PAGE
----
Amy Winehouse's Addiction Detailed in Father's Book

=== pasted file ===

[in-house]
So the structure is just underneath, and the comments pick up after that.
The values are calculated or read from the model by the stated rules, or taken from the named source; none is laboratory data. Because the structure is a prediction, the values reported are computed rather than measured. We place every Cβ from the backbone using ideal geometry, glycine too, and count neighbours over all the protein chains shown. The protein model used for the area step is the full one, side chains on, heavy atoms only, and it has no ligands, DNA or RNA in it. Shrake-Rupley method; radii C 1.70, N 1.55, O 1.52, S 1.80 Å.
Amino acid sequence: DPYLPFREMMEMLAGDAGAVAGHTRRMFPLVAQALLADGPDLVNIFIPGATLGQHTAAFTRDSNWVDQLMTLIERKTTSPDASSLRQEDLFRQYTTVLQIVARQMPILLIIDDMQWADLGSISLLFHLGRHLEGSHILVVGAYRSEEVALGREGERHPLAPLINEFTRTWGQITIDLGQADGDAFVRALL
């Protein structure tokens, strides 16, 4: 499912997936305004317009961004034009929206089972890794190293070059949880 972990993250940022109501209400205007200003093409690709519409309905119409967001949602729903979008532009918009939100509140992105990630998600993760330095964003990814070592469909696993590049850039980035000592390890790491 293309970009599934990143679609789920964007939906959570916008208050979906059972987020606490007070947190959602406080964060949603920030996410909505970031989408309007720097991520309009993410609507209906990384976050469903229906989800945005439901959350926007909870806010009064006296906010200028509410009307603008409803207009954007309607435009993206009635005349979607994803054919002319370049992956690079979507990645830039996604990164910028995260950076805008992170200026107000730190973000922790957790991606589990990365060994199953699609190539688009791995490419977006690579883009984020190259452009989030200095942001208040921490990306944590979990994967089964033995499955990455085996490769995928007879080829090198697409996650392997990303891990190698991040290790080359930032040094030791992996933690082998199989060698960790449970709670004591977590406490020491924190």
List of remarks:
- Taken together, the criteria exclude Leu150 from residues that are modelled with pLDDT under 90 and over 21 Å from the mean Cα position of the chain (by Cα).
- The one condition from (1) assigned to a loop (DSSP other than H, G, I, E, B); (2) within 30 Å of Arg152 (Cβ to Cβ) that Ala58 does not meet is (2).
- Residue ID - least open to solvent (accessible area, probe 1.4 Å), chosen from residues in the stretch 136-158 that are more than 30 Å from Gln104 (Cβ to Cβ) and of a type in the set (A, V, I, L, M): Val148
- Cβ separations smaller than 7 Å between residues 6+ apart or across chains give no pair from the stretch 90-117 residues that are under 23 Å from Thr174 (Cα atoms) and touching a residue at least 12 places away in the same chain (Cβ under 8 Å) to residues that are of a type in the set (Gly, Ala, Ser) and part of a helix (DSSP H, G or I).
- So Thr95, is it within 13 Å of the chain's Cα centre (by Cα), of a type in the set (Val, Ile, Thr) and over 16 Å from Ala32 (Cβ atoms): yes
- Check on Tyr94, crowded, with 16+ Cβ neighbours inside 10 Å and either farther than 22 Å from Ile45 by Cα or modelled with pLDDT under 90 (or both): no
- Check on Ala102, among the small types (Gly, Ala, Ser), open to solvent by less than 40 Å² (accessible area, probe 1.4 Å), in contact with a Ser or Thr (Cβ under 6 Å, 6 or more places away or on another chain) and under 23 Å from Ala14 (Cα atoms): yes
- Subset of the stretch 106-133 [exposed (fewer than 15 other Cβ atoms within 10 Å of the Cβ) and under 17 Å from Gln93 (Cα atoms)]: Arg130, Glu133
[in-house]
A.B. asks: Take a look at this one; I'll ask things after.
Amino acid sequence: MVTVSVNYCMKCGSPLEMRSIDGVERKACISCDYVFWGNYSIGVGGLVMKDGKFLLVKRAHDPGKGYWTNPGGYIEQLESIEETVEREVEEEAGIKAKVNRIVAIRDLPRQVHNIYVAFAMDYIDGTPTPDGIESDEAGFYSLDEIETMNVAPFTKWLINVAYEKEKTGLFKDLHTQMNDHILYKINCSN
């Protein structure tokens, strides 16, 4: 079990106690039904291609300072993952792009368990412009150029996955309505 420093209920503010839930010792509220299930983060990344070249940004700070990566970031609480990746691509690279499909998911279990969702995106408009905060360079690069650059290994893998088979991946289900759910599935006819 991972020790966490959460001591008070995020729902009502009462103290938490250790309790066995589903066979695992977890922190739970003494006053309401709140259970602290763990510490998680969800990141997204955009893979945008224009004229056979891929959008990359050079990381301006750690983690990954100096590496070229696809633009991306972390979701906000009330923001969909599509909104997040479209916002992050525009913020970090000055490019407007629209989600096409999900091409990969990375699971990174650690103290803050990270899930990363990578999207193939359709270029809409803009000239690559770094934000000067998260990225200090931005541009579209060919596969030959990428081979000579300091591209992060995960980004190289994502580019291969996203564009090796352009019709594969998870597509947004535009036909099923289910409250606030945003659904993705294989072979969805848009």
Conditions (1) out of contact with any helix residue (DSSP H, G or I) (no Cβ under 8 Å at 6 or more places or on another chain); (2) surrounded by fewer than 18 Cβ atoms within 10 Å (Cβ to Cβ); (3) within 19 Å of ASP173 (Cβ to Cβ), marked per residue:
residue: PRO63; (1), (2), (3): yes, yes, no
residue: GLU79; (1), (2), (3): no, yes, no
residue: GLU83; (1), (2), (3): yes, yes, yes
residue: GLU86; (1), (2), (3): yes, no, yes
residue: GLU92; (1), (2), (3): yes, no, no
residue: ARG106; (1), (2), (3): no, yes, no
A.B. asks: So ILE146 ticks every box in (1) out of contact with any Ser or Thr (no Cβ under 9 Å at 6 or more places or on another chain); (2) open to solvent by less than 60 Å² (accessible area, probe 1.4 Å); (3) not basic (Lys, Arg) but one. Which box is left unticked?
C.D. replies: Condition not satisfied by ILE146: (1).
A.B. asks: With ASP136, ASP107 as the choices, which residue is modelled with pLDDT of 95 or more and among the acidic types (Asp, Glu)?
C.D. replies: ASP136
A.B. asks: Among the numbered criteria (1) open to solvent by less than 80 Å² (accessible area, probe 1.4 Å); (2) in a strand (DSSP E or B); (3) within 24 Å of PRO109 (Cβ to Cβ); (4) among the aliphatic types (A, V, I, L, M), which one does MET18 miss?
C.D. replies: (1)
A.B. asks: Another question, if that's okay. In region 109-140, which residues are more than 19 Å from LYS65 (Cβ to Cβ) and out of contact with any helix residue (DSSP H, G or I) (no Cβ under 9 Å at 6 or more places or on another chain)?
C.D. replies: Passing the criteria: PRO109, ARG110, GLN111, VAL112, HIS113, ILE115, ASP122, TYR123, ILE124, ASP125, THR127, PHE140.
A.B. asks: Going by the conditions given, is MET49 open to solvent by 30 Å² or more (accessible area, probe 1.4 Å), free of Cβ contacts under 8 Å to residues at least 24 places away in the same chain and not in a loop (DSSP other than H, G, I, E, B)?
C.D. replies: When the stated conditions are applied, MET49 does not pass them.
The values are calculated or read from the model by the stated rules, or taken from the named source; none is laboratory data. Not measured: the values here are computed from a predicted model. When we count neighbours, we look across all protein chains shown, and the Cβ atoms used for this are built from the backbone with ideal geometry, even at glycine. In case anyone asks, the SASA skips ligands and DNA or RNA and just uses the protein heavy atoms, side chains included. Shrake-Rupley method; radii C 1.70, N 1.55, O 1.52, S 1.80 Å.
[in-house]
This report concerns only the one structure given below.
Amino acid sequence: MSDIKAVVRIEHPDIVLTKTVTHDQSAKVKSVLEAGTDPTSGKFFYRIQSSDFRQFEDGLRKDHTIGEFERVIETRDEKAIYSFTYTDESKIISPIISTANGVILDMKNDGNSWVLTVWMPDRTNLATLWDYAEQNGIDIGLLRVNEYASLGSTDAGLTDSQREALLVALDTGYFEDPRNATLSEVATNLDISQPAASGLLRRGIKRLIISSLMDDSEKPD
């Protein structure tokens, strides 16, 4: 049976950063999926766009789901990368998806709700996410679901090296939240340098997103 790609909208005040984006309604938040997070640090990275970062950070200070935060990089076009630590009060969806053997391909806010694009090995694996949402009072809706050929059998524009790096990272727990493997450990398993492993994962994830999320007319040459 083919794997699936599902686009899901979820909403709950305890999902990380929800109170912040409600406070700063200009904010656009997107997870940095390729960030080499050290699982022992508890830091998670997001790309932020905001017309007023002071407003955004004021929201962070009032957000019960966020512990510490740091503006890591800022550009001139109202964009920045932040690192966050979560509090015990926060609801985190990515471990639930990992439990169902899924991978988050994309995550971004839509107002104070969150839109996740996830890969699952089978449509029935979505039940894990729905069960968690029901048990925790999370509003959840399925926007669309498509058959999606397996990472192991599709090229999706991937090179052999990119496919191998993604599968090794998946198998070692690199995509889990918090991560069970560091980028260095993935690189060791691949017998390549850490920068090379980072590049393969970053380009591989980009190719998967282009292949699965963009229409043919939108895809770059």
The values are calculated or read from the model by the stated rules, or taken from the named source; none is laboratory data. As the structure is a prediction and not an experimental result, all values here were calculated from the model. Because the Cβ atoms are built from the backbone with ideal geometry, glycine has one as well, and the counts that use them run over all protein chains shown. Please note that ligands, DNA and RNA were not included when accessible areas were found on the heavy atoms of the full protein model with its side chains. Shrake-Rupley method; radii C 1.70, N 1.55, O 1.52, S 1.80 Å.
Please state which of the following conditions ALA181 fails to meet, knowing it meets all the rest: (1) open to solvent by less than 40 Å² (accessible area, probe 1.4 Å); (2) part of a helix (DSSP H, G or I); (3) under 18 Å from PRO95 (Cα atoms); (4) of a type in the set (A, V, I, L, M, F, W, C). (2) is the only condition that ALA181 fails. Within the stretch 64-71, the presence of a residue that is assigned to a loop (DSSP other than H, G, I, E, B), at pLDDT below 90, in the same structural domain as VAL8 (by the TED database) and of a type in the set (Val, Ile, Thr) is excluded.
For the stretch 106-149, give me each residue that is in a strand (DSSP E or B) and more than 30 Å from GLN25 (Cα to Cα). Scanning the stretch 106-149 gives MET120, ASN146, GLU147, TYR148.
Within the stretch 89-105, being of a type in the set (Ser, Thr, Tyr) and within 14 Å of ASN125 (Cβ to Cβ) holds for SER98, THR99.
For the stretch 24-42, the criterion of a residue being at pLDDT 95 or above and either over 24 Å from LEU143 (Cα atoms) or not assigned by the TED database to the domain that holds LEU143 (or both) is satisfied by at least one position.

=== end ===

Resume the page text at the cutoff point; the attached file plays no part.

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Mitch Winehouse blames his daughter’s former husband, Blake Fielder-Civil, for getting the singer into substance abuse in his new memoir Amy, My Daughter. Winehouse says he never understood why Amy fell in love with Fielder-Civil, and that he can't listen to his daughter's multi-million-selling album Back to Black because many of the songs are about Amy's ex. "It wasn't as if he brought much good into her life, or so it seemed to me," writes Mitch. The book comes out June 26, and also features handwritten notes by Amy to her father. Apart from some fond memories of Amy as a young girl, and the emergence of her talent, it's mostly about the endless cycle of addiction: her recovery attempts and relapses. Mitch notes that Amy was always very strong-willed, and that although this helped with her career, it didn’t help with her problems. "Long before Amy was an addict, no one could tell her what to do," he writes. "Once she became an addict, her stubbornness just got worse. There were times when she wanted to be clean, but the times when she didn't outnumbered them." Amy Winehouse died of accidental alcohol poisoning last July at the age of 27—and her father believes that the wide availability and social acceptability of her chosen drug were contributing factors. “She could drink wherever she liked, mostly without public criticism," writes Mitch, who worried back then that “her illness might end up killing us both.”